Nov 7, 2017

House members join bipartisan fight for criminal justice reform

Rep. Jason Lewis (R, MN) Photo: Jacquelyn Martin / AP

House members Jason Lewis (R-MN) and Bobby Scott (D-VA) announced a bipartisan criminal justice reform bill this morning with the goal to decrease "the size and associated costs" of the federal justice system. The bill will: focus on violent and repeat-offenders; decrease the three-strike penalty to 25 years instead of life for drug trafficking offenses; and make it easier for drug offenders to qualify for less than the mandatory minimum.

Why it matters: The Senate unveiled a couple bipartisan criminal justice reform bills last month, but they have yet to be brought to the floor despite Sen. Mike Lee hoping for a vote by the end of the year. Now, House members are re-upping their legislation, which is almost identical to bills proposed last year. Reform efforts in the House and Senate died last year because of the election and President Trump's tough-on-crime rhetoric.

Other highlights from the bill:

  • Specifies that only leaders and supervisors of drug trafficking organizations should be subject to higher mandatory minimums.
  • Asks the Attorney General to create and publish a full list of all federal offenses with criminal penalties.
  • Calls for processes which would reduce the number of people arrested before their first trial date.
  • Requires the AG as well as the U.S. Sentencing Commission to establish a way to assess the likelihood of inmates toward recidivism.
  • Incentivizes prisons to reduce their number of revocations and to institute programs to fight recidivism.
  • Allows prisons to use funds toward programs to prevent recidivism, as well as addiction treatment and therapy.
  • Creates two additional safety valves, which would make drug offenders without any history of fire-arm related, sex, terrorism or racketeering offenses eligible for less than the mandatory minimum as well as those with a history of mental illness.
  • Makes the Fair Sentencing Act retroactive as well as the SAFE bill retroactive.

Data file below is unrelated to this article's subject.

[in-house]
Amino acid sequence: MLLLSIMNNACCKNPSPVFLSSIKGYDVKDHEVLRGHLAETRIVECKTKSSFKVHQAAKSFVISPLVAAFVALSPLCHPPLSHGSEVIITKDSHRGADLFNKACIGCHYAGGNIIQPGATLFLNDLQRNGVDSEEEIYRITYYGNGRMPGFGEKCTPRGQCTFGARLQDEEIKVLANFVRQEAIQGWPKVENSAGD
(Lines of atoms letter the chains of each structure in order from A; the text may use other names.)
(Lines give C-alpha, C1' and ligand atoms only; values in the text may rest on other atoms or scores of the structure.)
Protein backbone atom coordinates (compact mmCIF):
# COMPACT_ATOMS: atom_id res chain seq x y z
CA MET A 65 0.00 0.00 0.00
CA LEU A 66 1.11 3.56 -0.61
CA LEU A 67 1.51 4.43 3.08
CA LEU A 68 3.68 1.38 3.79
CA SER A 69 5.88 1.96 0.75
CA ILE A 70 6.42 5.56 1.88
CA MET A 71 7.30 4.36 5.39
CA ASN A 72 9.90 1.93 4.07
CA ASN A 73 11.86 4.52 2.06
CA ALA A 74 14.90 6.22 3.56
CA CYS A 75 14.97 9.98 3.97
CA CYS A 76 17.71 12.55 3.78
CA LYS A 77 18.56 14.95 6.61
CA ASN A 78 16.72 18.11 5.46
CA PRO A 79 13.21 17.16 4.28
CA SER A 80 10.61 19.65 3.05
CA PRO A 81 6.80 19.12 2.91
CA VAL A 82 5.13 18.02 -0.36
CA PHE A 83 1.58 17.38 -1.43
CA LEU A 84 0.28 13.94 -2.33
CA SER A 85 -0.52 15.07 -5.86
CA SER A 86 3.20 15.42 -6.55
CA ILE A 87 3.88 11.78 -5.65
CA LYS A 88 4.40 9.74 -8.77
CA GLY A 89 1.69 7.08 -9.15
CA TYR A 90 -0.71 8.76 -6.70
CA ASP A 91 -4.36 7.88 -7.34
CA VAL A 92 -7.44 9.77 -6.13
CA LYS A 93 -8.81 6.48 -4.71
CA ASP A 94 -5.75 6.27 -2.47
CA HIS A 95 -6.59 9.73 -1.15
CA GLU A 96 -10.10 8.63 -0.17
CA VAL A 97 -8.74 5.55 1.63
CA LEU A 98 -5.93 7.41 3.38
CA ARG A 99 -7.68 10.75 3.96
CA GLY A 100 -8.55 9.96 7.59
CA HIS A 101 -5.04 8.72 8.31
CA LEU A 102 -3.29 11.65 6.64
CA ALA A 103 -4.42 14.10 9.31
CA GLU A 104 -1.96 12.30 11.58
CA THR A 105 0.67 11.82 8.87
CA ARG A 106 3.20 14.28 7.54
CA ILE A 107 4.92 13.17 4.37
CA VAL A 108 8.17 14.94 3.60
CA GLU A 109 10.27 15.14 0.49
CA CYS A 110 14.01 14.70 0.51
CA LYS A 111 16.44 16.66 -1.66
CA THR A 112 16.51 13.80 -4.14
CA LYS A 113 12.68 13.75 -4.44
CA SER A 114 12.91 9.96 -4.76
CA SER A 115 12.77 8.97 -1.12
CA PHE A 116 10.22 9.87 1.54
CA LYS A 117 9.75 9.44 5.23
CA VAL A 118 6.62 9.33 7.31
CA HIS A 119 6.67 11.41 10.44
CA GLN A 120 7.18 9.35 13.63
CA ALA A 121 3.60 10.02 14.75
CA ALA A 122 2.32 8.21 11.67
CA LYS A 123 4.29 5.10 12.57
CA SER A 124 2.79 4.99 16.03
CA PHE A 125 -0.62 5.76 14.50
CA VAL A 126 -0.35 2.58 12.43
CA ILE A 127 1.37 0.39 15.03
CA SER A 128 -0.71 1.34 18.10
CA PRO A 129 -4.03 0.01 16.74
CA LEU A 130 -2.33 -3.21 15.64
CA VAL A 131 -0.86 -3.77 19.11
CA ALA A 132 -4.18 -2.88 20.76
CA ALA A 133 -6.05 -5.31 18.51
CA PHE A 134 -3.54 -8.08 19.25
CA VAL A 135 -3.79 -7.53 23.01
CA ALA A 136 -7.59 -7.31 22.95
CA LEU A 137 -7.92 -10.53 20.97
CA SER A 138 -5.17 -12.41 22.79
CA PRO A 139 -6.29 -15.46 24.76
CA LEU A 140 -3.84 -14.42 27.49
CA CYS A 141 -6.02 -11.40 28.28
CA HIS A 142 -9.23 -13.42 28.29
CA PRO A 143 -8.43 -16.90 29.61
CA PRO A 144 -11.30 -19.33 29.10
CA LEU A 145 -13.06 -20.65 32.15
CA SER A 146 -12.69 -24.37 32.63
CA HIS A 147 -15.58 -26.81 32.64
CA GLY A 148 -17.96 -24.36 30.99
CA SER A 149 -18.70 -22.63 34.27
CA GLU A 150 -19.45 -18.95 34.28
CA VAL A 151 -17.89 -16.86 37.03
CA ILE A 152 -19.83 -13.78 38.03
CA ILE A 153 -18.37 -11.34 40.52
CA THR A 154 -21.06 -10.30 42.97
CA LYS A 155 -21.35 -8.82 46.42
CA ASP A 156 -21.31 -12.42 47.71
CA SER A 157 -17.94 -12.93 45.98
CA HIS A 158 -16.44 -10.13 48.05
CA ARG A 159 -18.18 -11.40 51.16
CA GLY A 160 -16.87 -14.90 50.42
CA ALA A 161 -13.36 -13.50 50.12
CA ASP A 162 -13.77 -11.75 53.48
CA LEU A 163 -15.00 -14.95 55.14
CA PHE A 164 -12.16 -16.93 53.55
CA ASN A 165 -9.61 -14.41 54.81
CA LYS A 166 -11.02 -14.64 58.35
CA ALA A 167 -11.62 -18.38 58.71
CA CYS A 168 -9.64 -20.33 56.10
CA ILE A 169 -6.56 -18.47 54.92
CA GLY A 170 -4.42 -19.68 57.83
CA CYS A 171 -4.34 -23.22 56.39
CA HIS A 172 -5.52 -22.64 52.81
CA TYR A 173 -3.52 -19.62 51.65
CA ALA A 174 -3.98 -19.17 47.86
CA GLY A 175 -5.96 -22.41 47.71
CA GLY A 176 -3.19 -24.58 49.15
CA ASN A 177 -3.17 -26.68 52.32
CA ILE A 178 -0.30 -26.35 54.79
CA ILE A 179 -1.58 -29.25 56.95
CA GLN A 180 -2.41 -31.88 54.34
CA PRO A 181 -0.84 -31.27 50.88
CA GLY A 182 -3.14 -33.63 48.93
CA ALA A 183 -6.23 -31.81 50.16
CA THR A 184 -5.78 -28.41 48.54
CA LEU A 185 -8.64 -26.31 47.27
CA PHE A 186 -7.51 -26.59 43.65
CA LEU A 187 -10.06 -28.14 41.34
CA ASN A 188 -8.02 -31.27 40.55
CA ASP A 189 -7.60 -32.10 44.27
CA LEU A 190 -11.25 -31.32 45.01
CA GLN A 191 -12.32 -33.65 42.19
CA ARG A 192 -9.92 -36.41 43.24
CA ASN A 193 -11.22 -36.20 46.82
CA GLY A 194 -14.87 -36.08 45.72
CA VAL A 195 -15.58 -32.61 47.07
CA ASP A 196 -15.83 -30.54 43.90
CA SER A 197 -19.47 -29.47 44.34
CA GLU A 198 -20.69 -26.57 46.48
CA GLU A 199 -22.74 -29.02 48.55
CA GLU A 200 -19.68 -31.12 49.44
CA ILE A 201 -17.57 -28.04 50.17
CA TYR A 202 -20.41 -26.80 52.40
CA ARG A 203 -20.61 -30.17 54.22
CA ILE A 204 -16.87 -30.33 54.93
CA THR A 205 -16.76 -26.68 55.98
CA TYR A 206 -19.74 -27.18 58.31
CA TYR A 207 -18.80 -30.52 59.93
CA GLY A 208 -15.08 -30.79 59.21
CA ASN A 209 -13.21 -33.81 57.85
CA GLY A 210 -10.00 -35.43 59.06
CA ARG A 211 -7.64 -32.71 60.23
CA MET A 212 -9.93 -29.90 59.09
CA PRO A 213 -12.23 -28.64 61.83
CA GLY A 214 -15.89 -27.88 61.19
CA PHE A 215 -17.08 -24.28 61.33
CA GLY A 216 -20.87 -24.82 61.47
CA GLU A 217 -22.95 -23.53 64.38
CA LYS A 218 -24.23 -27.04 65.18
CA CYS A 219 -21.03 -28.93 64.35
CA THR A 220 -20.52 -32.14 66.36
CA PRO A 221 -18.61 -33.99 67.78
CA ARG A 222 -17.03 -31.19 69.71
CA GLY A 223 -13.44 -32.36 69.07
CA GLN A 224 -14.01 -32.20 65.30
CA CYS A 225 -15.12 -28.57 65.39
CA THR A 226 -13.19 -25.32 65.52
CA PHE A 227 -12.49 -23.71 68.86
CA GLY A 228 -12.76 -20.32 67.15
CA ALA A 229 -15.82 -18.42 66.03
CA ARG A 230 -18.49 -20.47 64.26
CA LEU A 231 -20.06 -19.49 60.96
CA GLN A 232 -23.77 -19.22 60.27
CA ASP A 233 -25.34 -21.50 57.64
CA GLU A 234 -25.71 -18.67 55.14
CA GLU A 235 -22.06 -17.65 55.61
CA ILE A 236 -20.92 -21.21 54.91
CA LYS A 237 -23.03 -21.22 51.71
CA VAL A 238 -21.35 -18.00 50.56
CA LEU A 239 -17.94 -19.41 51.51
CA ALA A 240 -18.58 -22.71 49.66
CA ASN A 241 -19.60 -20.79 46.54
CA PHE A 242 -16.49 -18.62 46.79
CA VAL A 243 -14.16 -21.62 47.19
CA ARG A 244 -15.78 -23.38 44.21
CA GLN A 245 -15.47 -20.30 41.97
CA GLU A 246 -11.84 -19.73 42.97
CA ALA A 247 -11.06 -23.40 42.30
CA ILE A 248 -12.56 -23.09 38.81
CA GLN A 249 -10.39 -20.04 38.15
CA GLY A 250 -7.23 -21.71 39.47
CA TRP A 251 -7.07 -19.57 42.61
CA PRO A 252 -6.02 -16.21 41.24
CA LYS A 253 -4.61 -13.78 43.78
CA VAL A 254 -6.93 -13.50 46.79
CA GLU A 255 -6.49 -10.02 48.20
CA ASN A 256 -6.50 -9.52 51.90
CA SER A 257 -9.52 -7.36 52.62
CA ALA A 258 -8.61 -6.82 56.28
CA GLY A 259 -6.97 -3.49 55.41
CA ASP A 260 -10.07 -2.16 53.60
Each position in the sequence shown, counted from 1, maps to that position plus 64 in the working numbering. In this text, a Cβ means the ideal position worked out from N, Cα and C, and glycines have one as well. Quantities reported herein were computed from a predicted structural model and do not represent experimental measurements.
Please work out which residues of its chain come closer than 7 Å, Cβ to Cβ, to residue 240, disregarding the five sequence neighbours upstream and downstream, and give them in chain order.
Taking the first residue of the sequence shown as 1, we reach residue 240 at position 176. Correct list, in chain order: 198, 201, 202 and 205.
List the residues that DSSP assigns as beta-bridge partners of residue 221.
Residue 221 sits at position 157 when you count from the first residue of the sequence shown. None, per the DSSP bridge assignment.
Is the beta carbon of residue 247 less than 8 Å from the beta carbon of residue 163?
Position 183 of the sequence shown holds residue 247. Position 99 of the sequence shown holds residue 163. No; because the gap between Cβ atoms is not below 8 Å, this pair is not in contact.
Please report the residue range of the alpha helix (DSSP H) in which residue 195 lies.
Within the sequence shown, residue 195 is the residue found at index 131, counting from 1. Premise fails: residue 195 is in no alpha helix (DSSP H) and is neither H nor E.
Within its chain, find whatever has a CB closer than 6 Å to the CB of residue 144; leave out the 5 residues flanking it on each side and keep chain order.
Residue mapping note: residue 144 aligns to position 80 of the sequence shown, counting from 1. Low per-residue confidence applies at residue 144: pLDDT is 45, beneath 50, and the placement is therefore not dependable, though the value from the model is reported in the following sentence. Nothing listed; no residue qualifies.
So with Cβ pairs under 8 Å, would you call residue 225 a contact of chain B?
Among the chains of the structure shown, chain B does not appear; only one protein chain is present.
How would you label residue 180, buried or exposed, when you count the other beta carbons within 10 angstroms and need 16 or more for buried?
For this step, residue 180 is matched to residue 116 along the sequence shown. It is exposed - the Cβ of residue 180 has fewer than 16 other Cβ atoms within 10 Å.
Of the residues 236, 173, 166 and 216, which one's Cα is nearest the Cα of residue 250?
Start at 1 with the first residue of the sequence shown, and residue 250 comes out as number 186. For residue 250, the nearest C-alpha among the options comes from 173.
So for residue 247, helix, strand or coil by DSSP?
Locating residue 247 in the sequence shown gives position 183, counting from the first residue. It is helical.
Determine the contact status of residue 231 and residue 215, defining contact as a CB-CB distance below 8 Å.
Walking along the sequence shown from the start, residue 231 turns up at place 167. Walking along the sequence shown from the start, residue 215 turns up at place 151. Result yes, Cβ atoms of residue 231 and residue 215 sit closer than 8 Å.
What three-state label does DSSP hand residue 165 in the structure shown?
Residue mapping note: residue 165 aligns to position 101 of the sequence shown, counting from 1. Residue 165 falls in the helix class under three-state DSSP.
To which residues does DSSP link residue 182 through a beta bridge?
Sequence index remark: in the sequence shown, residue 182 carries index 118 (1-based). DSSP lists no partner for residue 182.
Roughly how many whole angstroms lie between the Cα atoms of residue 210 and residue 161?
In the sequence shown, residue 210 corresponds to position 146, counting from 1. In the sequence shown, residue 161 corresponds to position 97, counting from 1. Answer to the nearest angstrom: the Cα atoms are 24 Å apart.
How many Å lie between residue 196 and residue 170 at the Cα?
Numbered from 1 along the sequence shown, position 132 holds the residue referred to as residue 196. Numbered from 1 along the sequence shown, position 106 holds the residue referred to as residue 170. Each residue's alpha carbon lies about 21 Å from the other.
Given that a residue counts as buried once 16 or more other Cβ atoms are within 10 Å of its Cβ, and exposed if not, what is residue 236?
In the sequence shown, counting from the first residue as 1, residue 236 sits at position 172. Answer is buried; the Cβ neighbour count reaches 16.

Go deeper with the bill summary.

Go deeper

Axios Dashboard

Keep up with breaking news throughout the day β€” sign up for our alerts.

What to watch in tonight's Democratic debate

Bernie Sanders at a campaign rally in Colorado. Photo: Helen H. Richardson/MediaNews Group/The Denver Post via Getty Images

Bernie Sanders is now the clear front-runner for the Democratic presidential nomination, and his opponents are ready to try to knock him down at tonight's debate in Charleston, South Carolina β€” especially Michael Bloomberg, who was the punching bag at the Las Vegas debate.

Why it matters: This is the last debate before Super Tuesday, when Sanders is expected to win California and Texas and could secure an insurmountable lead for the Democratic nomination. That's a direct threat to the entire field, but especially to Bloomberg, who skipped the early states to focus on the March 3 contests.

Bob Iger to step down as CEO of Disney

Photo: Jeff Kravitz/FilmMagic

The Walt Disney Company said Tuesday that it had named longtime Disney executive Bob Chapek as CEO Bob Iger's successor, effectively immediately. Iger will remain executive chairman of the company through 2021.

Why it matters: Iger is credited with having successfully turned around Disney’s animation and studio businesses and with the strategic acquisition of Marvel, Pixar, Lucasfilm and 21st Century Fox. Most recently, he was the person behind Disney's successful launch of its Netflix rival Disney+.

Go deeperArrowUpdated 2 hours ago - Economy & Business